The Aftermath of Mitt Romney and President Obama presidential campaign.
It’s always the first rule of thumb when climbing out of any hole.
It’s a timeless lesson a bumbling Republican Party can’t seem to grasp these days, as its own members’ political incompetence and stunning shortsightedness continue to make life difficult and threaten the GOP’s future as a viable political organization.
Less than a week removed from a thumping in the presidential election with President Barack Obama’s resounding defeat of former Massachusetts governor Mitt Romney, Republicans were busy becoming their own worst enemy once more, showcasing the same tired, narrow-minded antics that have cost them two consecutive bids at the White House.
Romney’s misbegotten comments attributing Obama’s victory to “gifts” doled out to minorities, women and young people were eerily reminiscent of the now-infamous “47 percent” remarks he made earlier this year that essentially asserted that nearly half the country was a bunch of mooching free loaders.
Not only were the former Massachusetts governor’s observations offensive, but they were factually incorrect as well. Romney failed to carry a number of overwhelmingly White states such as Vermont, New Hampshire or Iowa, not to mention the many more diverse ones. And never mind that legislation such as the Affordable Health Care Act applied to all Americans, not just minority groups. Or any self-perspective about the role of his own muddled campaign or ever-shifting positions on everything from abortion to health care may have had in his Electoral College beat down.
And don’t even get me started on the overall lack of intelligence or dearth of political savvy needed to make such asinine comments on a conference call while just assuming there would be no reporters around to hear it.
Either way, it wasn’t exactly the message the GOP hierarchy wanted leading the news cycle after spending most of the dark days immediately following the election talking about the need to diversify in the face of the nation’s fast-changing demographics if the party is to ever be a national factor again.
Not surprisingly, a number of high-profile Republicans like Louisiana Governor Bobby Jindal, New Jersey Governor Chris Christie, New Mexico Governor Susana Martinez and others wasted no time in repudiating Romney’s statement in the hopes of containing the fallout and sending the failed presidential candidate away for good into obscurity. Of course, Jindal, among others, has a vested interest in doing so because of his own presidential aspirations, perhaps in 2016. But at least he is smart enough to understand that alienating as many different key voting constituencies as possible with absolutely no regard to the consequences is hardly sound political strategy.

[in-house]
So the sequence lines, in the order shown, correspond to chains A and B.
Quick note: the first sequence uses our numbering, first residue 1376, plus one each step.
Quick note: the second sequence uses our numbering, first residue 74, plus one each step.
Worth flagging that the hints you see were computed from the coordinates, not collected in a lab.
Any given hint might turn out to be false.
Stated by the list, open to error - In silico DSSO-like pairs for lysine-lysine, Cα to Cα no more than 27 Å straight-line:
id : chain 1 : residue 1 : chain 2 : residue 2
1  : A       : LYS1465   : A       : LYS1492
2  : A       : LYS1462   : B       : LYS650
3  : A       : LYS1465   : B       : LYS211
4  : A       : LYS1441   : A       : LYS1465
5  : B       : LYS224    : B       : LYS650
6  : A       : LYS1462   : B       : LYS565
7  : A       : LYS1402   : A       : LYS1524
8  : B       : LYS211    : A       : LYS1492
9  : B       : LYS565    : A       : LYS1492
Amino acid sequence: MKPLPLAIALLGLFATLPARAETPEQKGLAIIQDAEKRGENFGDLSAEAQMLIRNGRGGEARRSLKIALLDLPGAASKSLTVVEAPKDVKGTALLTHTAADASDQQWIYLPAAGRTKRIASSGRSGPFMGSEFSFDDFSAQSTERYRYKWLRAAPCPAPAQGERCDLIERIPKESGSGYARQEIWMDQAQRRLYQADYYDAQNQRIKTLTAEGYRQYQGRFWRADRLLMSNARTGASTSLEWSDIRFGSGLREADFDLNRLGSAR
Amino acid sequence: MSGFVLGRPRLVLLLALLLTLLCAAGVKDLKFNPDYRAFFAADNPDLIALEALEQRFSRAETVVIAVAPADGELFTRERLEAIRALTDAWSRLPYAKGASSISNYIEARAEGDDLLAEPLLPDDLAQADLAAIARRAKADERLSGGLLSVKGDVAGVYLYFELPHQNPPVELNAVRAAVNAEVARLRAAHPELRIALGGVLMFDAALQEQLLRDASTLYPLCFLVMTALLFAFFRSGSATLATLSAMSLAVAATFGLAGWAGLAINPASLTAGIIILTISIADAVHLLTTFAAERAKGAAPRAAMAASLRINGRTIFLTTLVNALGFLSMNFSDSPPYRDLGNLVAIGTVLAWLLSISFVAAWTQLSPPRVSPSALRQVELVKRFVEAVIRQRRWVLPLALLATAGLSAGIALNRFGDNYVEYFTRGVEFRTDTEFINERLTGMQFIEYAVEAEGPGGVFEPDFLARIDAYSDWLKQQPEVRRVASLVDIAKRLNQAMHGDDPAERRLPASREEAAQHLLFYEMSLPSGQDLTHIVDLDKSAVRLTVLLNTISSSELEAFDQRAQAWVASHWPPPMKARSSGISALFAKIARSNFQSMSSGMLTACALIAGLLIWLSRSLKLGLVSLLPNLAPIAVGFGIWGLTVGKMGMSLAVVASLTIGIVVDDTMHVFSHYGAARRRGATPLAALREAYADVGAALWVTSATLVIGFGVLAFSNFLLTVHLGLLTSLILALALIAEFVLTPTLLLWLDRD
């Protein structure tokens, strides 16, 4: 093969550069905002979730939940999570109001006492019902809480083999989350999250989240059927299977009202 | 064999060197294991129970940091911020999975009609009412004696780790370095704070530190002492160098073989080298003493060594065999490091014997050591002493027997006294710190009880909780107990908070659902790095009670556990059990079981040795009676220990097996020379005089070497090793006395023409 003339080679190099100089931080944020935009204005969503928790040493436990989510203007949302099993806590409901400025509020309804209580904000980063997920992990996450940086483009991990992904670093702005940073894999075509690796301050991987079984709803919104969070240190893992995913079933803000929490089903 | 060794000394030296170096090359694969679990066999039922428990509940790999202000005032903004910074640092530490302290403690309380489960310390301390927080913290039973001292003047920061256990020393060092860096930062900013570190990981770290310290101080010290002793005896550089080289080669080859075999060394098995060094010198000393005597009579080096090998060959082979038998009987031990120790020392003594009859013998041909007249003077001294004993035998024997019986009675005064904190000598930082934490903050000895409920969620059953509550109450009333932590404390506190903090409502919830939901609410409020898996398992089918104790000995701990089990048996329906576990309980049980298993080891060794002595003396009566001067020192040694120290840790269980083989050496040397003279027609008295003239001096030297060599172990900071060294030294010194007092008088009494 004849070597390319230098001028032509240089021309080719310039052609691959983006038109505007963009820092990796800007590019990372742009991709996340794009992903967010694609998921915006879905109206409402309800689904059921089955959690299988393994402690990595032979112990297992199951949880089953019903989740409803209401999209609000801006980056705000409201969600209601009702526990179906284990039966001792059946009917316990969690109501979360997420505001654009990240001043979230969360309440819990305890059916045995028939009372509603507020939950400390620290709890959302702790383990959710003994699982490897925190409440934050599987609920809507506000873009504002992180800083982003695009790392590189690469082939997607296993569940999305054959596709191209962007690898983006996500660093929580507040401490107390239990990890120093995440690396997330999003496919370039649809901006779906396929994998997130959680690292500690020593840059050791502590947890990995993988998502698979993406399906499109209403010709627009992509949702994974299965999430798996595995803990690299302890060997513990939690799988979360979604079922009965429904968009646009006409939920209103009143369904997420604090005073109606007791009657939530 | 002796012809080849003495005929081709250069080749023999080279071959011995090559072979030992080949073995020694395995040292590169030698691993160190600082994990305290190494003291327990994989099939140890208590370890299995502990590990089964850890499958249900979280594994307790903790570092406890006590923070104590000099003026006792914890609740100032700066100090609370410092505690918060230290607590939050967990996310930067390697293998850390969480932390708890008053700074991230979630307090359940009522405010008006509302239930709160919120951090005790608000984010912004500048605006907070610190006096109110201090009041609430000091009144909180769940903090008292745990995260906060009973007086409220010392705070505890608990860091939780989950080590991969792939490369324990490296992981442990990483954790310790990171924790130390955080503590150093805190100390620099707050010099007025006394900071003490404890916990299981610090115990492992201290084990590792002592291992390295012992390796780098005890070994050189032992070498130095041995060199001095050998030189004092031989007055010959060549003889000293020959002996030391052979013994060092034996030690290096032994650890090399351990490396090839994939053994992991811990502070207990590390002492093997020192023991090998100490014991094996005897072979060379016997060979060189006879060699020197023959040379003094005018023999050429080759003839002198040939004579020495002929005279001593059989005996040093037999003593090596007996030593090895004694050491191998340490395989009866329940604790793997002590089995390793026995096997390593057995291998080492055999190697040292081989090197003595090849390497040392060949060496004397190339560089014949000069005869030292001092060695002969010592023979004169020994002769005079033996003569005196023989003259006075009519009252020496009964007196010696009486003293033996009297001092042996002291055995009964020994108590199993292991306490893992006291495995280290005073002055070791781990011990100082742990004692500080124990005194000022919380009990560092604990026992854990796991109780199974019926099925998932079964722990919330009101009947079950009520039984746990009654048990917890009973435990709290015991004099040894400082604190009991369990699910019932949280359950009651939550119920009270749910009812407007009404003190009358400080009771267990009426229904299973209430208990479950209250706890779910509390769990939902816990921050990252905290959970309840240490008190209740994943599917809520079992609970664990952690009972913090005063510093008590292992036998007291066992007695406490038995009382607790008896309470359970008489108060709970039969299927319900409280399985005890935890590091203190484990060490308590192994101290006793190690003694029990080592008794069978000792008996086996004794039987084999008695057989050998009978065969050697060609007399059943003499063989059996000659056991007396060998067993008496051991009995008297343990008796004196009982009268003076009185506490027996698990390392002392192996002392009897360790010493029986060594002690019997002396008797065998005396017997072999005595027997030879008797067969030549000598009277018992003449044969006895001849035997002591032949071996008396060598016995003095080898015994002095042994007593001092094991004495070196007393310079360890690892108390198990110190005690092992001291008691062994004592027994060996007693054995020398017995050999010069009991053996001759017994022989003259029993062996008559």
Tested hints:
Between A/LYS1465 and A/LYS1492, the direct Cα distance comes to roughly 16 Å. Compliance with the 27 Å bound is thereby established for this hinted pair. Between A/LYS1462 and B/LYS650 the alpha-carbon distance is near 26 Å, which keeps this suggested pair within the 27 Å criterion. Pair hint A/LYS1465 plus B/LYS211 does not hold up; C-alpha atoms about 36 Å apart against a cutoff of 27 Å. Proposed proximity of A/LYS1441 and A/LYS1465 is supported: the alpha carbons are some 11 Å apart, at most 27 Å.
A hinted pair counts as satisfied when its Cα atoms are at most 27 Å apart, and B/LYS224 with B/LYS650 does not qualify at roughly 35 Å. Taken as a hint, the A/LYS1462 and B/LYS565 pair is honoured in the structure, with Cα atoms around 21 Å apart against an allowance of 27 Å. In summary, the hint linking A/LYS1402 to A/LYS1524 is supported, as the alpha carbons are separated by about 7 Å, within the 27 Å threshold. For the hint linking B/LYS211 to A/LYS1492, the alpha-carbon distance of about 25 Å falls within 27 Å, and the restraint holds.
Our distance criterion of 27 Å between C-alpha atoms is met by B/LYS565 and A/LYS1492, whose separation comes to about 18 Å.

But Romney is hardly alone in the alternate reality in which so many Republicans prefer to live these days. Threats this week by Republican senators John McCain and Lindsey Graham to block any possible Obama nomination of Susan Rice as secretary of state were laughable.
Sure, the political version of Beavis and Buthead can hold out on the Senate’s arcane filibuster rules to stifle any possible Rice nomination for a while.
But at what cost to the Republican Party?
Not only would such a move further paint the GOP as the obstructionist “Party of No,” one whose sole mission is to thwart the president at every turn regardless of what that means for the nation as a whole.
But, more ominously for Republicans, it would also cement their non-inclusive image that sent record numbers of Latinos, African-Americans, women and young people to the Democratic camp during this past election.
Just imagine the sight of a bunch of crusty, old, White men berating a vibrant and extremely intelligent Black woman on national television and how that would go over.
Not so well, I’m guessing.
The GOP might be wise to heed Jindal’s advice from earlier this week and finally stop being “the party of stupid.”
By; John Hollis